Gross Domestic Product (GDP)

Gross Domestic Product shows how much the U.S. economy is growing. GDP represents the market value for all goods and services produced in the United States. Real GDP means the Gross Domestic Product has been adjusted for inflation. It is a good representation for the strength of the economy.

The GDP report is released quarterly. However, data revisions are released each month.

Real Gross Domestic Product (adjusted for inflation)

The graph below shows quarter-to-quarter percentage changes in real GDP using annualized data.

Data Source: Federal Reserve Economic Data (FRED), Federal Reserve Bank of St. Louis
Gross Domestic Product [Series: GDPC1] ; U.S. Department of Labor: Bureau of Labor Statistics;
http://research.stlouisfed.org/fred2/series/GDPC1

The Full GDP Report from the Bureau of Economic Analysis provides more details about this important all-inclusive look at the U.S. economy.


Real GDP — U.S. Recessions

The graph below shows the history of the U.S. Gross Domestic Product. Recessions are highlighted in gray.

Gross Domestic Product, GDP

Data Source: Federal Reserve Economic Data (FRED), Federal Reserve Bank of St. Louis
Gross Domestic Product [Series: GDPC1] ; U.S. Department of Labor: Bureau of Labor Statistics;
http://research.stlouisfed.org/fred2/series/GDPC1

The Full GDP Report from the Bureau of Economic Analysis provides more details about this important all-inclusive look at the U.S. economy.


Report Summary

A brief summary of the most recent GDP Report is shown here. A link to the current report in PDF format is also shown.

Gross Domestic Product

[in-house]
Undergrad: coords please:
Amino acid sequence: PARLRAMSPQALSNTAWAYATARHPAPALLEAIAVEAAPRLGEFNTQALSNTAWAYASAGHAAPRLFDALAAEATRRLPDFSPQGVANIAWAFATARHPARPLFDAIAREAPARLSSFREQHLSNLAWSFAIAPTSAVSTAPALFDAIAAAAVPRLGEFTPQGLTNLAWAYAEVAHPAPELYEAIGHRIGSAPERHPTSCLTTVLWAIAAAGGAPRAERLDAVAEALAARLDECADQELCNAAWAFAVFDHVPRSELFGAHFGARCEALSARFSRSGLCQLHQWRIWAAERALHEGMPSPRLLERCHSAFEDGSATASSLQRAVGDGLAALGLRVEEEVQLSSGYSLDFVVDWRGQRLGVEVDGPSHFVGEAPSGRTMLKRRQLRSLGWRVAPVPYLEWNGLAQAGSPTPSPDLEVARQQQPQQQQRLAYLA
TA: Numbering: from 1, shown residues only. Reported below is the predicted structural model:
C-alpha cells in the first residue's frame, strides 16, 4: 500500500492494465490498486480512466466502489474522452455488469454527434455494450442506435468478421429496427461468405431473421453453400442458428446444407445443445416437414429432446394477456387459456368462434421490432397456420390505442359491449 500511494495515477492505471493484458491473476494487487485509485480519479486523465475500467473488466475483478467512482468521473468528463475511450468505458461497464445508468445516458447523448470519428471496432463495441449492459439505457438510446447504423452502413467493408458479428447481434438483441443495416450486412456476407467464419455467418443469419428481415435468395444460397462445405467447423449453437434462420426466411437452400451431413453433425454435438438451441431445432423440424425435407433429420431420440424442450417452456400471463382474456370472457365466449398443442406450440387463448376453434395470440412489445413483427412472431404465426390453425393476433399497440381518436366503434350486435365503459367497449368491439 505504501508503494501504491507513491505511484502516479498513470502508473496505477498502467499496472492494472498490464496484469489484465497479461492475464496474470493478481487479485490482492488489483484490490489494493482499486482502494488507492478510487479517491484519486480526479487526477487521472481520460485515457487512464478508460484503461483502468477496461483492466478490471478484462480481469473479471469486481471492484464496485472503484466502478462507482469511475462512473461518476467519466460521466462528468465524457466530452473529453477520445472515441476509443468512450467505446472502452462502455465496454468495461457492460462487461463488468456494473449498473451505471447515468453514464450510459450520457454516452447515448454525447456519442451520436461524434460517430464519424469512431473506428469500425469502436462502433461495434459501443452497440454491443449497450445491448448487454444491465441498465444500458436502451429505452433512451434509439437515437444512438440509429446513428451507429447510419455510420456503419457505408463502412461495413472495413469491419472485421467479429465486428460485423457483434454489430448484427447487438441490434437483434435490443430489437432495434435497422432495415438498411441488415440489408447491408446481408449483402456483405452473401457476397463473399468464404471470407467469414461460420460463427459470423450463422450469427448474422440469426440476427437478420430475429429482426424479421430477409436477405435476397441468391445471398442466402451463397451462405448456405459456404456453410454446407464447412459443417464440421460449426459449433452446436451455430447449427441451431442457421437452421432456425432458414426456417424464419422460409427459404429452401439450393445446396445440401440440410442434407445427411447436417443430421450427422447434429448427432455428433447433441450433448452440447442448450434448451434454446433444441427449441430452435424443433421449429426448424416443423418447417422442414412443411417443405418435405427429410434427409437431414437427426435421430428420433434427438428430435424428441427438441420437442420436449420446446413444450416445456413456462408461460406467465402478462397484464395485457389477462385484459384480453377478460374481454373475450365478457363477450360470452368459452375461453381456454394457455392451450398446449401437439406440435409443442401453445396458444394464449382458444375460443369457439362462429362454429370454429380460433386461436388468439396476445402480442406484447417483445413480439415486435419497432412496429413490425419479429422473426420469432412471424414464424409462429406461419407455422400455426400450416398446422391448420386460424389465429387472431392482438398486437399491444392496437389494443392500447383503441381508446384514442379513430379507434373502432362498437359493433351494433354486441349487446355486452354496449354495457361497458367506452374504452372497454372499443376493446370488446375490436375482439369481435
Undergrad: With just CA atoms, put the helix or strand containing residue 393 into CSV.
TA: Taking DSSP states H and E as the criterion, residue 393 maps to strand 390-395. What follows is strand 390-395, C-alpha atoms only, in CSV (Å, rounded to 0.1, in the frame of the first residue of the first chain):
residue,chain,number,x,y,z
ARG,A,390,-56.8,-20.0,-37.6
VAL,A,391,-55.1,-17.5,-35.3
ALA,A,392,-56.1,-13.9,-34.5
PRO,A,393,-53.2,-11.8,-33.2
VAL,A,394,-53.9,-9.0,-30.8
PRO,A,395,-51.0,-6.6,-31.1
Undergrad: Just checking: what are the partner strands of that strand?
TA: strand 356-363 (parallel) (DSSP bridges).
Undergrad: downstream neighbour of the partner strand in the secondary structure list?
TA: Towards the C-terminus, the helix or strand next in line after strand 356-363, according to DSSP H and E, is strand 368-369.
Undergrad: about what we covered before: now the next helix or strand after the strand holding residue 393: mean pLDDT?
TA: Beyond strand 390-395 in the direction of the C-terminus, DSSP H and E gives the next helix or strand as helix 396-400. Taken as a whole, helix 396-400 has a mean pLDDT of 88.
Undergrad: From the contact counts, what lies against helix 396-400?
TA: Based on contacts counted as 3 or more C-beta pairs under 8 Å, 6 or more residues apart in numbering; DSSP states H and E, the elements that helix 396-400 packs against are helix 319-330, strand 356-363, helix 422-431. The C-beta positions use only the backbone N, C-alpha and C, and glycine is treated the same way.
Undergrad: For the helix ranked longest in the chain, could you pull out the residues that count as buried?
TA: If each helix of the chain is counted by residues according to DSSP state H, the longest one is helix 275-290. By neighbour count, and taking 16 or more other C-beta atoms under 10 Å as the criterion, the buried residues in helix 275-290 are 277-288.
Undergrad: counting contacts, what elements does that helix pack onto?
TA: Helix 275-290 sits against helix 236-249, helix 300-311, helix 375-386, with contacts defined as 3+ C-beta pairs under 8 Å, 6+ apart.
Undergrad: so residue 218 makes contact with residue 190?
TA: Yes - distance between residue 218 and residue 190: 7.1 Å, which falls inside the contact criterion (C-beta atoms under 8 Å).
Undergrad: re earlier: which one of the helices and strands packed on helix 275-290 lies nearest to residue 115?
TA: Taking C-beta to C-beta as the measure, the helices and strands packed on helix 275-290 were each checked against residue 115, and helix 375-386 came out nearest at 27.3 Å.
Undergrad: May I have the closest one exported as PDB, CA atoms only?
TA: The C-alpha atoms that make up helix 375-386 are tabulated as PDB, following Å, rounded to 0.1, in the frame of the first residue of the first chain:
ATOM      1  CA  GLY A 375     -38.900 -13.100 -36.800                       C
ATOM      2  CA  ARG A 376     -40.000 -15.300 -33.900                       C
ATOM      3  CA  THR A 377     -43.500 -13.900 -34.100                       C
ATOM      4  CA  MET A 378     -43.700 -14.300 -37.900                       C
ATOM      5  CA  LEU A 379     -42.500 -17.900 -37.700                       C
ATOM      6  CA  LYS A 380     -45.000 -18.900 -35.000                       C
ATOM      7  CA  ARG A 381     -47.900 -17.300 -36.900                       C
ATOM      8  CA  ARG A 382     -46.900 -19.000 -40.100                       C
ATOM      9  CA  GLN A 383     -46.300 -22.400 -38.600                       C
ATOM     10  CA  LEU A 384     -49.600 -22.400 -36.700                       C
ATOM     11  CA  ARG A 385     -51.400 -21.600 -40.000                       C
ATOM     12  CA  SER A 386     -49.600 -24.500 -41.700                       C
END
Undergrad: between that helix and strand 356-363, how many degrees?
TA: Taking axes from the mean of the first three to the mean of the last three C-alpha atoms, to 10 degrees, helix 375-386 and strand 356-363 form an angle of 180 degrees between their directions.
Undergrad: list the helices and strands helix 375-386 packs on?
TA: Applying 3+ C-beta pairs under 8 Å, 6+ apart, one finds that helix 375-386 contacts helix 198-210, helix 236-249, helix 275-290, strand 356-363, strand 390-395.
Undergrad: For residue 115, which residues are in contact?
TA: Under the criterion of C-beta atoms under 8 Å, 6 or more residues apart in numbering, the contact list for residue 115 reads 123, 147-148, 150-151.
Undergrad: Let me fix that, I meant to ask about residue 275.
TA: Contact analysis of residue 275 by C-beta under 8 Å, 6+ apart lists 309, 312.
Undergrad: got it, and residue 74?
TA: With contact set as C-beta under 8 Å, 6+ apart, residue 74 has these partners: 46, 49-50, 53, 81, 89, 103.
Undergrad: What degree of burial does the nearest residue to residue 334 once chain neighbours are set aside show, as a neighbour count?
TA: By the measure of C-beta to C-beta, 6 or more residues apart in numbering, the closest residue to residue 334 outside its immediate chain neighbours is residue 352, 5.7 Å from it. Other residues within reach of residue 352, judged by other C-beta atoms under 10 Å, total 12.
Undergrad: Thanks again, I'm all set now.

Statement from U.S. Commerce Secretary Gary Locke on April 2011 U.S. Internation

WASHINGTON – U.S. Commerce Secretary Gary Locke issued the following statement today on the release of the April 2011 U.S. International Trade in Goods and Services report by the Commerce Department’s U.S. Census Bureau and the U.S. Bureau of Economic Analysis. Today’s report showed that U.S. exports of goods and services in April 2011 increased 1.3 percent from March 2011 to a record $175.6 billion, with record exports of both goods ($126.4 billion) and services ($49.1 billion). The monthly export values for U.S. industrial supplies ($43.4 billion) and capital goods ($41.0 billion) was also the highest on record. U.S. imports of goods and services decreased 0.4 percent over this period to $219.2 billion, causing the U.S. trade deficit to decline 6.7 percent below March figures to $43.7 billion in April.

“Over the past six months, the economy has added more than a million private-sector jobs, and exports – boosted by the President's National Export Initiative – are helping us do that. Yesterday, President Obama announced several new commitments that will help 500,000 young Americans get the credentials they need to succeed in the manufacturing industry. Preparing Americans for good-paying jobs in the manufacturing sector will not only strengthen the economy and put people back to work, but will help us compete in today’s 21st century global economy.

“April is the second consecutive month of record export growth, and while there may be bumps on the road to recovery, this administration is making our economy more competitive by fostering new jobs in new industries, and helping to educate and train workers to fill them.”